Canadian Journal of Public Health

, Volume 110, Issue 5, pp 626–632 | Cite as

The Young Canadians Roundtable on Health: promising practices for youth and adults working in partnership

  • Heather L. RameyEmail author
  • Mary-Ellen Rayner
  • Sharif S. Mahdy
  • Heather L. Lawford
  • Jordi Lanctot
  • Miranda Campbell
  • Eileen Valenzuela
  • Joshua Miller
  • Valerie Hazlett
Innovations in Policy and Practice



Canadian youth (aged 15–29 years) are more diverse, educated, connected and socially engaged than ever before. However, many face health-related challenges, including mental health problems (10–20%), substance use concerns (14%) and obesity (45%).


The Young Canadians Roundtable on Health (YCRH) was created in 2013 to be Canada’s youth voice on health. Supported by the Sandbox Project, this youth-led advisory works primarily virtually, leading advocacy projects and wide-ranging health initiatives.


Youth and adult allies engaged in a participatory research evaluation of the YCRH, which was identified as a living laboratory, where youth could experiment with ideas and provide new perspectives on health issues. Adult allies reported learning new skills from youth, and youth gained advocacy and leadership skills. Collaborative projects resulted in a sense of shared achievement. Further, youth increased their connections to health and youth-serving spaces across the country. Identified challenges included difficulties in coordinating a national roundtable and defining shared responsibilities.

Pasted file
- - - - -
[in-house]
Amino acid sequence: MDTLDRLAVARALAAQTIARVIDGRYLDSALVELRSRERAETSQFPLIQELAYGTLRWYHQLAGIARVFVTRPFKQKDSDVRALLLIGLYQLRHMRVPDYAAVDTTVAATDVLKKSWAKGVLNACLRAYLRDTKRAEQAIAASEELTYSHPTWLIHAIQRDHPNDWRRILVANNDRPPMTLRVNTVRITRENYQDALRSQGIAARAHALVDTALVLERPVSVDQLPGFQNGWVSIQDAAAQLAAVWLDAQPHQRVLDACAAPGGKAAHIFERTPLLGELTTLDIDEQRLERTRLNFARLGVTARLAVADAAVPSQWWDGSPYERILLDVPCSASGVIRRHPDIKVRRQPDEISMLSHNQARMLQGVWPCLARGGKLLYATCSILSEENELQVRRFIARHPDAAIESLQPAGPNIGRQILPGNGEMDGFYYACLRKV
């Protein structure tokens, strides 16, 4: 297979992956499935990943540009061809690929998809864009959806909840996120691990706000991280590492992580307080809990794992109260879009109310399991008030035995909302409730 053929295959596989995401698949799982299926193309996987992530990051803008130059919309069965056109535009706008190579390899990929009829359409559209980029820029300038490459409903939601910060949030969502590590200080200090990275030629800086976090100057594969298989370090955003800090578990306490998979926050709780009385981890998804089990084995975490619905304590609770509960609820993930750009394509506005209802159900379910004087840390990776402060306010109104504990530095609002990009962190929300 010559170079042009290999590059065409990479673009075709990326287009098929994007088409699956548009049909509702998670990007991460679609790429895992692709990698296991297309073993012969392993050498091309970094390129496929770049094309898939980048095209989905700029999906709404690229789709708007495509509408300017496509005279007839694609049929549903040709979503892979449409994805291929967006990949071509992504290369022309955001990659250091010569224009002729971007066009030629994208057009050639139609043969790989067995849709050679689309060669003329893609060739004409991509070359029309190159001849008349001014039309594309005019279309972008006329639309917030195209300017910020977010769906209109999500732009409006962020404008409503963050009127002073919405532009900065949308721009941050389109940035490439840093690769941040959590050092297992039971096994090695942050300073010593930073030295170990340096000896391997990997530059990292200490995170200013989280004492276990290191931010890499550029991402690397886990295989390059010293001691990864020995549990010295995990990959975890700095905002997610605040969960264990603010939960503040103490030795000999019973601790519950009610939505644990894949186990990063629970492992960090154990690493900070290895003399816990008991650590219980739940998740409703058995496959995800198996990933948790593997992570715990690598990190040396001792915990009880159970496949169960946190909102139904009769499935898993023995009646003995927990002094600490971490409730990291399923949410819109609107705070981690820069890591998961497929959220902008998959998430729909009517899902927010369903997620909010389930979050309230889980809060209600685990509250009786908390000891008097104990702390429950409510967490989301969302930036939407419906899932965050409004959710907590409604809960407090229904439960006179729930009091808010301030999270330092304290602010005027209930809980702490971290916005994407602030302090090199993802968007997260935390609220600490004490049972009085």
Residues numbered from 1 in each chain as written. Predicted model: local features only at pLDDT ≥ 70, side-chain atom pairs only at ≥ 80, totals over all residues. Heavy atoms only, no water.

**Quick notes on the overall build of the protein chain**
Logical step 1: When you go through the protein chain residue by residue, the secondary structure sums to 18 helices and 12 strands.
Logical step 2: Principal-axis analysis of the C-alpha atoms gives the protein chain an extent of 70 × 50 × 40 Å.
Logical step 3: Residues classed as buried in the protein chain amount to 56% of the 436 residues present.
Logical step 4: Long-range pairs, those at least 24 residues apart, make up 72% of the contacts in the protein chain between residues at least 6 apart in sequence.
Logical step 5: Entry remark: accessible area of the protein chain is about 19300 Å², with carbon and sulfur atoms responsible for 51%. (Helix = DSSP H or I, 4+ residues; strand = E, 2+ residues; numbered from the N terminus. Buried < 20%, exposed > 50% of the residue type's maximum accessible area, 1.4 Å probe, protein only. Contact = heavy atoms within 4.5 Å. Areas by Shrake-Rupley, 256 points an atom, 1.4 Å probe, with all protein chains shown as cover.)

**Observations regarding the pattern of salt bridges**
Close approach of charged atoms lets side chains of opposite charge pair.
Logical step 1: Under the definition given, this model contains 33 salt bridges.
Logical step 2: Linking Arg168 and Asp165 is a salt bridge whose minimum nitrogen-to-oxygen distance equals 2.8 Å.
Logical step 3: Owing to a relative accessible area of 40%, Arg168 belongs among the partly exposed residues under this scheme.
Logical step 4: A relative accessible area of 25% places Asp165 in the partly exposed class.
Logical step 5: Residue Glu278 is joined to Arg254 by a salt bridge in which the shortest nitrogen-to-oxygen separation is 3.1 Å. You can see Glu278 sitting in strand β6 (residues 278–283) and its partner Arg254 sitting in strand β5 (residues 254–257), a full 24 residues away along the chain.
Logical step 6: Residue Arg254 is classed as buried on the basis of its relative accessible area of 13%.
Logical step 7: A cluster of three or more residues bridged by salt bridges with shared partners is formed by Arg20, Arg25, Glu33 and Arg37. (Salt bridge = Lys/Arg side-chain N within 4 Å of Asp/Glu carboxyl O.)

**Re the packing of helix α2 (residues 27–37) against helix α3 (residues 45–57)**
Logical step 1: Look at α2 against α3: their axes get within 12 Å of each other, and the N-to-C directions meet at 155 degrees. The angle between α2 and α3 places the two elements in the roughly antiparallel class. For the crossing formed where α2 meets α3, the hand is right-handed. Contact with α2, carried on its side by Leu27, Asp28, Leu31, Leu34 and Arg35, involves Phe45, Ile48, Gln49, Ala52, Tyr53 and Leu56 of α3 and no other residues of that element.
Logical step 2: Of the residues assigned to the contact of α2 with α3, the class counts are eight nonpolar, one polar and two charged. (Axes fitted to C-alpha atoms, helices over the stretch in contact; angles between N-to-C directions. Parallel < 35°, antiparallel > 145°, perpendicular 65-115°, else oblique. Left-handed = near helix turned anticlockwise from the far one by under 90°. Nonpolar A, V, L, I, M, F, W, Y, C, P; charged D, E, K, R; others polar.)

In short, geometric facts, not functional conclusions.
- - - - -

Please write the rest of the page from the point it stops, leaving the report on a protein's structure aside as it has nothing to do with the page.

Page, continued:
The researchers generated the following evidence-based promising practices for youth engagement in health systems and program planning: (1) provide a consistent platform for youth input; (2) appreciate different forms of knowledge, expertise and communication methods; (3) invest in relationships and build mutual understanding among youth and adults; (4) for adult allies, be patient and comfortable with the ambiguity and unpredictability of working with youth; and (5) continually revisit and renegotiate structure and flexibility.


Youth health Health promotion Youth engagement Youth-adult partnership Youth-led 



Les jeunes Canadiens (âgés entre 15 et 29 ans) sont plus diversifiés, éduqués, connectés et socialement engagés qu’auparavant. Par contre, plusieurs font face à des problèmes de santé, notamment des problèmes de la santé mentale (10 à 20 %), des problèmes de consommation (14 %) et d’obésité (45 %).


« The Young Canadians Roundtable on Health (YCRH) » est un groupe qui fut créé en 2013 dans le but d’être le porte-parole des jeunes Canadiens concernant la santé. Soutenu par le projet intitulé « The Sandbox Project », ce conseil est dirigé par des jeunes qui travaillent principalement virtuellement, menant des projets de plaidoyer et des initiatives de grande envergure en matière de santé.